ASU breaks ground on 2nd downtown residence hall with focus on entrepreneurship and the arts
March 2, 2020
'The skyline of Phoenix is getting smarter today,' said Phoenix Mayor Kate Gallego
Arizona State University broke ground Monday on the Downtown Phoenix Residence Hall and Entrepreneurship Center, a 16-floor building at the southwest corner of Fillmore Street and First Avenue.
The 283,000-square-foot project, expected to open in fall 2021, will house more than 500 students in the top 13 floors. The first three floors will offer academic space for the Herberger Institute for Design and the Arts programs in popular music, fashion and design. It also will add to the Valleywide network of ASU Entrepreneurship + Innovation co-working, event and exhibition spaces for students, staff, faculty and the community.
“The skyline of Phoenix is getting smarter today,” said Phoenix Mayor Kate Gallego, noting that the new center will be the largest ASU building in Phoenix.
She attributed the resurgence of the city’s downtown to two factors: light rail and ASU’s campus.
“They have really changed the face of downtown and made it the vibrant community that we have today,” said Gallego, who noted that there are currently 14 buildings under construction downtown, with another 14 expected in the next 18 months.
“We have doubled the population in downtown in the last five years, and with ASU’s help, we hope to do it again in five years,” she said.
The population at the Downtown Phoenix campus has increased 47% over the past decade, with 11,420 students for the fall 2019 semester. The opening of the new Thunderbird School of Global Management facility in fall 2021, the transfer of several Herberger Institute programs from the Tempe campus, and predicted enrollment growth are all driving the need for more housing.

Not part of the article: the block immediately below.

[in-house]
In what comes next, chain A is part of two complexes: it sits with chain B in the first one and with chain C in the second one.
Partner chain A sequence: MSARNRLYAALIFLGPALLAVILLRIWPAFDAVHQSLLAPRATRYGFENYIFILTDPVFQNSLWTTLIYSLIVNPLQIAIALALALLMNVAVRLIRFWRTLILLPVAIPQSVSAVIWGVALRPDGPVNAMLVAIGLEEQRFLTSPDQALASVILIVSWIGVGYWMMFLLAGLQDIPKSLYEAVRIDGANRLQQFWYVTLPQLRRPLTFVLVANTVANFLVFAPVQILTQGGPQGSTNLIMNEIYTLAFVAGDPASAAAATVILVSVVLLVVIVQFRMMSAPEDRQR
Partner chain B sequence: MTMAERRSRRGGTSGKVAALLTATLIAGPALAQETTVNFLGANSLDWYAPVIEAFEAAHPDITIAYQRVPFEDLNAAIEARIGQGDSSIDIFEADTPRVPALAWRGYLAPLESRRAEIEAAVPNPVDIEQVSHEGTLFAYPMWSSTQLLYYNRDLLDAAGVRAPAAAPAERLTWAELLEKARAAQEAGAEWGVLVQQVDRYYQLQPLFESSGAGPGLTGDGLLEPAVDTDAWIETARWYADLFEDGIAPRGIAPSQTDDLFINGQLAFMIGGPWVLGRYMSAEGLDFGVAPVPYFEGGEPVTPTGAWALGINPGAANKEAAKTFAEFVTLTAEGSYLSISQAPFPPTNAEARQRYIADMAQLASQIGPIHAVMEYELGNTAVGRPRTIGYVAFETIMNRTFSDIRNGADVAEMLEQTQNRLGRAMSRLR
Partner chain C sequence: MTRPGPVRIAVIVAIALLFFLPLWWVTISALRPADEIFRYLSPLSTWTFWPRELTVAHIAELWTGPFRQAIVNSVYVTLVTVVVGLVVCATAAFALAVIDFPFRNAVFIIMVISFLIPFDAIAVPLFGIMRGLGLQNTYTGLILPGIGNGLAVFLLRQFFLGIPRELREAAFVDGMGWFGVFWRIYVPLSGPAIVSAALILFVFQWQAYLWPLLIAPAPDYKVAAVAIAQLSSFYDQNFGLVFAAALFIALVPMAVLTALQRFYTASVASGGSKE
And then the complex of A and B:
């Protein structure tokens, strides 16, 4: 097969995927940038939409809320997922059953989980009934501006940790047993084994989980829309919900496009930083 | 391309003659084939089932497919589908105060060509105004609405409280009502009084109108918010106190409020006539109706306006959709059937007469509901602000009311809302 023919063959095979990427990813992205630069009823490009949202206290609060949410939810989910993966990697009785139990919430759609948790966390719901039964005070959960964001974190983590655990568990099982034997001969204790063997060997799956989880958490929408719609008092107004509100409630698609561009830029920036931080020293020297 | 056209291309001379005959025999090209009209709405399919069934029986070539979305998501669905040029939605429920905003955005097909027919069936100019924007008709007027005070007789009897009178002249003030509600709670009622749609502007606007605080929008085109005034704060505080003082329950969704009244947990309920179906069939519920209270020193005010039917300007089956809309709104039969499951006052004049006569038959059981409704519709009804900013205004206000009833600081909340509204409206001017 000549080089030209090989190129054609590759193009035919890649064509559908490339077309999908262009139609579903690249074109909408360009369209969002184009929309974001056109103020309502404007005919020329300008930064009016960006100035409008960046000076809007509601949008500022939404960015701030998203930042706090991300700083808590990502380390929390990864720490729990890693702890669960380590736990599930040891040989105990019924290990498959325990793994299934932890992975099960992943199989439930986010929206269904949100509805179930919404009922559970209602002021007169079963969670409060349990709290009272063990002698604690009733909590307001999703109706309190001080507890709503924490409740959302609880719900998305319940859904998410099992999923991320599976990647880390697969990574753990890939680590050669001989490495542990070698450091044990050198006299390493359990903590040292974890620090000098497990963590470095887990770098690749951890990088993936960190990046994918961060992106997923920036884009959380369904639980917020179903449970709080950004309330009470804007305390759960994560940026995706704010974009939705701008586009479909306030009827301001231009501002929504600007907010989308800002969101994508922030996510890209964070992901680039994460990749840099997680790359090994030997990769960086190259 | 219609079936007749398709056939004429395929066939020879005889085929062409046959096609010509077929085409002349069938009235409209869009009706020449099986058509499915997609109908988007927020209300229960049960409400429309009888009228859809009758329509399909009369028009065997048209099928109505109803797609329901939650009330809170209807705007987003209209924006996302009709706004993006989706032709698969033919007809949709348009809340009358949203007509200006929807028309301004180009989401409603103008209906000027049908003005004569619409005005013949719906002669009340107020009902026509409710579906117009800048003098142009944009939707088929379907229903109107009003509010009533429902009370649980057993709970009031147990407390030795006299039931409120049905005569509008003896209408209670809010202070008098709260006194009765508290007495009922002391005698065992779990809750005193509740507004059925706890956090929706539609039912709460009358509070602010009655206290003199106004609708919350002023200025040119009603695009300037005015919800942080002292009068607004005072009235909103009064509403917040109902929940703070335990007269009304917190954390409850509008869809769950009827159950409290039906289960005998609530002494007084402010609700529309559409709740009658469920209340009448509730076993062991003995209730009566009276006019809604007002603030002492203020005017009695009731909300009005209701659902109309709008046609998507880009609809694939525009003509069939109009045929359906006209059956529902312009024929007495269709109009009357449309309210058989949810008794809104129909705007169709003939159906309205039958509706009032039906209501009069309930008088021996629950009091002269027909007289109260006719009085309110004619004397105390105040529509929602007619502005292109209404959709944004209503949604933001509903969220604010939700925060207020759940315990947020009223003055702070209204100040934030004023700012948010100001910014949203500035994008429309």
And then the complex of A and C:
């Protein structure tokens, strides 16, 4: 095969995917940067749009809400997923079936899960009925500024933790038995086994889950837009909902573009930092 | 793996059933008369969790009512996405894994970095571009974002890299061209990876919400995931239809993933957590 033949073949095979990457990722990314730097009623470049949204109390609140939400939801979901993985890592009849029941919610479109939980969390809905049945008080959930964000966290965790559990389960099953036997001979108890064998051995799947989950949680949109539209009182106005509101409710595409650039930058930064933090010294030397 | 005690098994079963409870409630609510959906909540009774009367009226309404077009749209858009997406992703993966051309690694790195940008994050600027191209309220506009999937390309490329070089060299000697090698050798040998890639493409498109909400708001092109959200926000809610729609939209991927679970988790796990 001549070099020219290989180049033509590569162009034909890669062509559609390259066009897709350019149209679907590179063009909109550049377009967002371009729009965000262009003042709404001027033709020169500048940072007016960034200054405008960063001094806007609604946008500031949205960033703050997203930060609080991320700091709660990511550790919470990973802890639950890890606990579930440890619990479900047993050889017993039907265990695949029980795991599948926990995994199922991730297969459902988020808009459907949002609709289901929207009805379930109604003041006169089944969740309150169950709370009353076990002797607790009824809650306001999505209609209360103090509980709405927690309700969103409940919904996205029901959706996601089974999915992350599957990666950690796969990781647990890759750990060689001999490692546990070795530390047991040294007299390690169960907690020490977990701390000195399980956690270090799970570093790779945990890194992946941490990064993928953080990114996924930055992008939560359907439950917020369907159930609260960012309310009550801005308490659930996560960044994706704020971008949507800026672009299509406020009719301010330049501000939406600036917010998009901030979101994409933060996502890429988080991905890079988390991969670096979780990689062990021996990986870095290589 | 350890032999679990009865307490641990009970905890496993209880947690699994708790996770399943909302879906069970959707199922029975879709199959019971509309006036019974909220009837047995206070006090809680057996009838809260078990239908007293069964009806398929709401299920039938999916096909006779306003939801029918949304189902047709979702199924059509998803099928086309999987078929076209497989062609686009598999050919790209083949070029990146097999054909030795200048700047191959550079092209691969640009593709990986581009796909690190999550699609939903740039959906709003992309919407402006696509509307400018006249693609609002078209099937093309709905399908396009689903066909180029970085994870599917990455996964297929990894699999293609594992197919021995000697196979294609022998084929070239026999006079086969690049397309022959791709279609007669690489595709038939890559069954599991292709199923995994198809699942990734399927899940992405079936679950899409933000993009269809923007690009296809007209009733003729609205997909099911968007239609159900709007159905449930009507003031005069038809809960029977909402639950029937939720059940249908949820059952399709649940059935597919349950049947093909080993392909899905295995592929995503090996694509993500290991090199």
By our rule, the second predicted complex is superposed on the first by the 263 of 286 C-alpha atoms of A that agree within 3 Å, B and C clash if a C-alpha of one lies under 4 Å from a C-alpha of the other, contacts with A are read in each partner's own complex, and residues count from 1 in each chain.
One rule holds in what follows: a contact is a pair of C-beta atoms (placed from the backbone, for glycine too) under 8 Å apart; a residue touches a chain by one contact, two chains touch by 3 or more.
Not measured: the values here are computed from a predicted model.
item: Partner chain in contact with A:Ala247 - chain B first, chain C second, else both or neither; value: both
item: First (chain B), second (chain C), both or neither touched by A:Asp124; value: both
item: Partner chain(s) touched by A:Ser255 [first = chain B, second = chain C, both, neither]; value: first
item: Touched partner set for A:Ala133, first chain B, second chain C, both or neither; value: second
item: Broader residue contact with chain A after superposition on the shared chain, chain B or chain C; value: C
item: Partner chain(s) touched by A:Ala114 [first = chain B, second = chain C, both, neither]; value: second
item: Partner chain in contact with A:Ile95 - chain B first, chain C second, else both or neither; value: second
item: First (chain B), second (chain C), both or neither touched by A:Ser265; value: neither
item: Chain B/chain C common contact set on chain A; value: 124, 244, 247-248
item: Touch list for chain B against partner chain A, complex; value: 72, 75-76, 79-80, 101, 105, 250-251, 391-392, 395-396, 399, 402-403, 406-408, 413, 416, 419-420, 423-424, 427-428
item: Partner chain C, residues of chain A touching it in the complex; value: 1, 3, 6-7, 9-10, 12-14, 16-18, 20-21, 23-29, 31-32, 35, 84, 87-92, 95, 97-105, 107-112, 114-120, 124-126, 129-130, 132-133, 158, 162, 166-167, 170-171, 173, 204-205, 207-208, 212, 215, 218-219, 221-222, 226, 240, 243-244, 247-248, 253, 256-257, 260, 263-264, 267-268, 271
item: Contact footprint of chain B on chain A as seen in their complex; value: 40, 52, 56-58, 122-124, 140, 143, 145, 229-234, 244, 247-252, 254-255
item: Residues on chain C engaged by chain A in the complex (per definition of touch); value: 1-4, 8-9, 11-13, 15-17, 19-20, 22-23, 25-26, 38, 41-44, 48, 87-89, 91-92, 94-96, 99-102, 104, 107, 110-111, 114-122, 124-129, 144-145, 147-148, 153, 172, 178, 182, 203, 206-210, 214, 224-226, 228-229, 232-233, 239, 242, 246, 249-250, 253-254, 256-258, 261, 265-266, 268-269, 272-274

The Downtown Phoenix Residence Hall and Entrepreneurship Center will be the first new residential space on the Downtown Phoenix campus since Taylor Place, which opened in fall 2008 and is at capacity with more than 1,200 students. The new building will provide 532 beds in studio, two-bedroom and four-bedroom apartment-style units for graduate students and sophomore-and-above undergraduates. The lease rates will be comparable to Taylor Place, and the units will be furnished and include all utilities and services.
ASU President Michael Crow said that the new center is furthering ASU’s mission to be embedded in the community.
“We took the walls down from the university, we spread the university and began working with community leaders, in this case, our stalwart partners, the city of Phoenix, which has invested in every project and enabled us to move forward,” he said.